|10 Ways to Beat Post-Cruise Depression|
If the sudden absence of pillow chocolates, umbrella drinks and endless horizons leaves you hollow, you might have Post-Cruise Funk (PCF), an affliction that's affected nearly 100 percent of cruisers, according to a well-cited study I just invented.
But know this: The situation can be remedied.
We've compiled 10 tips and strategies, many sourced from Cruise Critic members in recovery, to get you through the painful sea-to-land reacclimation period. Enjoy a dose of the collected advice, and be sure to add to the group therapy session in the comments.
Prescription: The Photo Detox
If a picture is worth 1,000 words, a few of those words must be therapeutic. "I found if I take lots of fun photos while on the cruise, I can stave off some of the depression by reviewing and organizing them into a book," writes member Tudy. She and her husband periodically host "cruise evenings," during which they peruse photos, share stories and laugh. Check out our tips for taking better onboard photos.
There is no shortage of Web and mobile apps, like Shutterfly or Cruise Critic sister site TripAdvisor's TripWow, to preserve a cruise experience.
Side Effects: Narcolepsy, if too many photos coupled with tedious narration are shown to friends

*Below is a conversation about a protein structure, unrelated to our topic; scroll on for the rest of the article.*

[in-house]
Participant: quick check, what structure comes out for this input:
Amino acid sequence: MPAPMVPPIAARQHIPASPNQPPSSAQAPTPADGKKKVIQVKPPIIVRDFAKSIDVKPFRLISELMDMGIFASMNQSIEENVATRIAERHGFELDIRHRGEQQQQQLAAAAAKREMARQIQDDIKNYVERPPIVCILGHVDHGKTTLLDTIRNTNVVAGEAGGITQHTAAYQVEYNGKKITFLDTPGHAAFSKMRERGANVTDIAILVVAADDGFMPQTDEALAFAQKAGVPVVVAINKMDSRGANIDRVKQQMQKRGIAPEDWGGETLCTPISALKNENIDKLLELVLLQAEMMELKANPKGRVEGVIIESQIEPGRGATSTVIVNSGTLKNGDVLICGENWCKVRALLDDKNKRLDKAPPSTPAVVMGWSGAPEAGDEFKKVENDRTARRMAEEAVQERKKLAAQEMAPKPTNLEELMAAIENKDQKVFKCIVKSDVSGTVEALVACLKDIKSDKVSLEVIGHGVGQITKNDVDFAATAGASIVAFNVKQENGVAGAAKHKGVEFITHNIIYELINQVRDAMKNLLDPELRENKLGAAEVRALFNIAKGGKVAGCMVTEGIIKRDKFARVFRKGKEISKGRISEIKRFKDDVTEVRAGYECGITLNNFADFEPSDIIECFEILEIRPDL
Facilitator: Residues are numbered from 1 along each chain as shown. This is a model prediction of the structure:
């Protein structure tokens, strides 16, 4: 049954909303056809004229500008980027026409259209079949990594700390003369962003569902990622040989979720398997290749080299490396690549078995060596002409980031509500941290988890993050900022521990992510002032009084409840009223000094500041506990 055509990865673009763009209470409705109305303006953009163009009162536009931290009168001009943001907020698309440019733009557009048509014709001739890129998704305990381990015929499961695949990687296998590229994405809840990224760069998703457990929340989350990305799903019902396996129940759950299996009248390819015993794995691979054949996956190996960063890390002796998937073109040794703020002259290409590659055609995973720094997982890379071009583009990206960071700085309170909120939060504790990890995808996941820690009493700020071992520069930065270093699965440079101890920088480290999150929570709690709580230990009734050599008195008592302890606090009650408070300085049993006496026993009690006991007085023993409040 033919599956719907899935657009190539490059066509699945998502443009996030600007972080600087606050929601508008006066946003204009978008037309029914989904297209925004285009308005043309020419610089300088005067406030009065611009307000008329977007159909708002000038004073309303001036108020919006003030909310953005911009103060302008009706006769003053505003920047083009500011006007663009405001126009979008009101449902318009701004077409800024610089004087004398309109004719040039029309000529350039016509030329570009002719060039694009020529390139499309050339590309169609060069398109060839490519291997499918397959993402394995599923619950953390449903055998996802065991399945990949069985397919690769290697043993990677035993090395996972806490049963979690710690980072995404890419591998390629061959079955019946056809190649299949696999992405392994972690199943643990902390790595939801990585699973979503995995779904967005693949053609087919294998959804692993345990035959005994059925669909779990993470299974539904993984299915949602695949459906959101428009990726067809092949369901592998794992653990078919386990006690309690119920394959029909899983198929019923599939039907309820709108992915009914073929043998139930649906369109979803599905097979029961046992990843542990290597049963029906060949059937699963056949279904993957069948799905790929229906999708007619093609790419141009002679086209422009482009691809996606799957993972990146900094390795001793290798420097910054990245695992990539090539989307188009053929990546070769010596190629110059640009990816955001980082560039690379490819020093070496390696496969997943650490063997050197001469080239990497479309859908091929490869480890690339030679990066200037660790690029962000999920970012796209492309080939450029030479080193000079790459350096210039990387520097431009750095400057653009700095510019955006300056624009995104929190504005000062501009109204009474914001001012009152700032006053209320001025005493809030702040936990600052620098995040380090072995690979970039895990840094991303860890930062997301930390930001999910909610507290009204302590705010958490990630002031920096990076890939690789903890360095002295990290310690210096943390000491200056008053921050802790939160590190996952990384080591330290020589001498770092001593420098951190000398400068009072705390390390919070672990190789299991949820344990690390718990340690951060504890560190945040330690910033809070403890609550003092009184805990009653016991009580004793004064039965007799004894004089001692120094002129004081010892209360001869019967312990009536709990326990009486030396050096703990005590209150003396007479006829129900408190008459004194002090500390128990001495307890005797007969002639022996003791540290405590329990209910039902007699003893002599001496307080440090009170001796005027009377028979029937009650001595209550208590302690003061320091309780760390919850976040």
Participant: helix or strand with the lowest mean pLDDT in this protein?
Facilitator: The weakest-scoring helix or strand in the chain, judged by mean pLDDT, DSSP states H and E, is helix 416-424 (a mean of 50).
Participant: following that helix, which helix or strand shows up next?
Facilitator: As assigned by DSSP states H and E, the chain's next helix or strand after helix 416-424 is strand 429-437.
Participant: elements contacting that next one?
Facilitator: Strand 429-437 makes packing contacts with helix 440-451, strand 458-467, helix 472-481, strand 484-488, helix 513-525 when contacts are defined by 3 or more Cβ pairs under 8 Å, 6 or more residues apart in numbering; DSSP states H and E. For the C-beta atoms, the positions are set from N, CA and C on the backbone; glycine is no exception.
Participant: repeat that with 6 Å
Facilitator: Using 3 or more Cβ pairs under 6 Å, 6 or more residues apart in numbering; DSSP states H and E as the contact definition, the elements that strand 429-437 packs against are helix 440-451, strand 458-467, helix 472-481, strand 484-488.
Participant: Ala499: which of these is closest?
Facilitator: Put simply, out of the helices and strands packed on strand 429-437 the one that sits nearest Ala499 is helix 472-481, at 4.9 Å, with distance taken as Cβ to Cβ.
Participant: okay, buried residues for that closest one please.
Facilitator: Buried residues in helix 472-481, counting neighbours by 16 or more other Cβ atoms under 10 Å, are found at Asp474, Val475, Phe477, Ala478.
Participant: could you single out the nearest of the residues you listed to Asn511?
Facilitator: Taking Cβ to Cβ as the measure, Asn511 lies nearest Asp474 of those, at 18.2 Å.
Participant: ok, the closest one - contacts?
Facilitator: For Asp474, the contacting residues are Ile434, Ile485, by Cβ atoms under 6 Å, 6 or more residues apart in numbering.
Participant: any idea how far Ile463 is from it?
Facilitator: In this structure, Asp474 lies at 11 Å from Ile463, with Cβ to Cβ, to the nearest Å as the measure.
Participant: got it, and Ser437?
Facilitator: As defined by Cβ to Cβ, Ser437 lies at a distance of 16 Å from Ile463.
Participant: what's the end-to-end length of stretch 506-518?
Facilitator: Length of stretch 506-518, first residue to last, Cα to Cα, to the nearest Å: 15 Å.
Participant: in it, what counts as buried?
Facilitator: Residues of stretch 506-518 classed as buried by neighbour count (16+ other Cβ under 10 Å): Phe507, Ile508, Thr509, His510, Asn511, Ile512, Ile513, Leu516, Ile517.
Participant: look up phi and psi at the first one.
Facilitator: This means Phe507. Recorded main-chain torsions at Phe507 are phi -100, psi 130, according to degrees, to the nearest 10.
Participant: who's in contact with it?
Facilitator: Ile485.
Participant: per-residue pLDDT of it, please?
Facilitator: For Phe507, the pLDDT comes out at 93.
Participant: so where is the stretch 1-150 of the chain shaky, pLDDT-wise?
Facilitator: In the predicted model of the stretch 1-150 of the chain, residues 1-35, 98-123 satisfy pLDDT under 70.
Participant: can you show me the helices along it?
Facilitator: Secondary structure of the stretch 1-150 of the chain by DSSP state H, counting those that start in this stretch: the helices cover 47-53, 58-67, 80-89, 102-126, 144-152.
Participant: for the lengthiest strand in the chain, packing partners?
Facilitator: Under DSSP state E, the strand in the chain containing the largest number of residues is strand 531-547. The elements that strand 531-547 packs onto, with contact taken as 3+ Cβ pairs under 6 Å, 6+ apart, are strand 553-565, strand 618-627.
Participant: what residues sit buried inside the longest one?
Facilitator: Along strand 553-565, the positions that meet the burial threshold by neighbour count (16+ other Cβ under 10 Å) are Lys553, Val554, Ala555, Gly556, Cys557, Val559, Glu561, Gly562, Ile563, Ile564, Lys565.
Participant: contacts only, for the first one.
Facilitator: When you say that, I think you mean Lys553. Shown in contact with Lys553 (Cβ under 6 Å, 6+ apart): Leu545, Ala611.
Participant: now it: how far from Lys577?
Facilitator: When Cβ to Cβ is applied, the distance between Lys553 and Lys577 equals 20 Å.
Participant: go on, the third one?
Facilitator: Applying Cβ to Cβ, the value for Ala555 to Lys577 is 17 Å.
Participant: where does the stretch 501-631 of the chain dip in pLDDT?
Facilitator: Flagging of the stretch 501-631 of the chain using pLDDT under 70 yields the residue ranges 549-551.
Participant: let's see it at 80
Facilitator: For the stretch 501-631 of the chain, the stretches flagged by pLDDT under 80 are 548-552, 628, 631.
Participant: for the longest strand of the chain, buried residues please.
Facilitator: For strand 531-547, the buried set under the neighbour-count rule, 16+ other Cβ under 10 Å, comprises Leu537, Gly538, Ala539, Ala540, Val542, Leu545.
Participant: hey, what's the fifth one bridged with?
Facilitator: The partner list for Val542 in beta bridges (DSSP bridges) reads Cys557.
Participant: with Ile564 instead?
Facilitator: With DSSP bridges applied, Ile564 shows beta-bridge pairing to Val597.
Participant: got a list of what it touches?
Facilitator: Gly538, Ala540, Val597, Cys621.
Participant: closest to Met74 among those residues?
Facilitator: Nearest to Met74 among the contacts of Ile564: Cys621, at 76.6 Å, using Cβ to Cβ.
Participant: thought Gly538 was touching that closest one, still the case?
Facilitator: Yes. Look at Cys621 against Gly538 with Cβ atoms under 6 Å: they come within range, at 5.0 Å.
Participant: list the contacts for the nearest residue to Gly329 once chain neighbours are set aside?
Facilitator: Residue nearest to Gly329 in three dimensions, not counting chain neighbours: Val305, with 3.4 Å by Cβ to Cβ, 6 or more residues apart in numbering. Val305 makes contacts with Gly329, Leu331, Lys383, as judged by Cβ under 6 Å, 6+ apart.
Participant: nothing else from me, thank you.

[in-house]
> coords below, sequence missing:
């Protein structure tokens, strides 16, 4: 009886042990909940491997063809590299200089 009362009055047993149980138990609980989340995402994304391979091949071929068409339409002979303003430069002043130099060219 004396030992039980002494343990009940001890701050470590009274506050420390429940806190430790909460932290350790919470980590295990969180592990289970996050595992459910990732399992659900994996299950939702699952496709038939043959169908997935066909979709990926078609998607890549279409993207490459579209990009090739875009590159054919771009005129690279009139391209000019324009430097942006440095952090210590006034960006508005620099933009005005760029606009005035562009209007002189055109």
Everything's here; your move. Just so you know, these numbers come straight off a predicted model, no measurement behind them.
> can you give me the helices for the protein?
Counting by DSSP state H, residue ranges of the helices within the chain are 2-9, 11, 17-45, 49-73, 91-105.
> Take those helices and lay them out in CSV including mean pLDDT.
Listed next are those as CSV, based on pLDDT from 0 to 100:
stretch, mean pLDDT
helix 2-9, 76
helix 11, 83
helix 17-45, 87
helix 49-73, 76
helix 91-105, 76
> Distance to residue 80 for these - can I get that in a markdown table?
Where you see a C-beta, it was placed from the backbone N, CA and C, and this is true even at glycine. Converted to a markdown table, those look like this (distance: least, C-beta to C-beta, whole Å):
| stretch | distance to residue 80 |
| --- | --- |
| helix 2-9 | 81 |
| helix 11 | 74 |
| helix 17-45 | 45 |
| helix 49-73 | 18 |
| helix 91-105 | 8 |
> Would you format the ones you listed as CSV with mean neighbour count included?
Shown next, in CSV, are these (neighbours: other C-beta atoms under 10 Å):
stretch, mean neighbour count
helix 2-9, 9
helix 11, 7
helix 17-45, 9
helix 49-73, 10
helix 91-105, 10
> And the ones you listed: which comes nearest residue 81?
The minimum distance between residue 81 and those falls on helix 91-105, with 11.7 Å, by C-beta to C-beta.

Prescription: Write a Review
As with photos, reframing the at-sea narrative -- remember that woman with the Royal Caribbean tattoo? -- can be like reliving the experience. When you reminisce by way of review, you're doing thousands of readers a service through your insights, tips and tricks. Heal yourself by writing a cruise review.
Side Effects: Narcissism sparked from the respect and adulation you receive from thousands of Cruise Critic readers in search of the right ship
Prescription: Focus on Diet
If you're pining over the loss of cruise food -- the availability, the variety, the fanfare -- there are antidotes. Drool over epicurean content in Cruise Critic's cruise food section , recreate at-sea meals with readers' favorite recipes, or chew on some useful member advice in the Cruise Foodies forum. For example, member MissMap keeps all the nighttime pillow chocolates from her cruise and deposits them in a desk drawer at work: "So if I'm having a stressful day at work," she writes, "I savor one and take a moment to remember the latest great cruise vacation." Or borrow cruising's culinary nomenclature, like member Econom405, who admits to referring to the first post-cruise family dinner she cooks as the "chef's regional specialty."
Side Effects: Minor weight gain, modest weight gain, excessive weight gain or this
Prescription: Get the Cruise Cocktail Recipe Booklet
For many passengers, that first slurp of sailaway daiquiri marks the official start to a cruise. If you drink to remember, there might be nothing easier than recreating your favorite cruise cocktail at home.
Side Effects: The cruise hangover can be replaced with an actual hangover. Do not operate heavy machinery after using the cruise cocktail recipe booklet.
Prescription: Always Be Booked
Chronic PCF sufferers argue there is but one cure to the vicious cycle: the pre-emptive booking. The recommended approach is to plop down on your next cruise while onboard. Many lines offer attractive perks -- discounts, reduced deposits, onboard credit -- for doing so. The fine print is key here. If you're serious about this treatment, peruse our in-depth piece on booking onboard.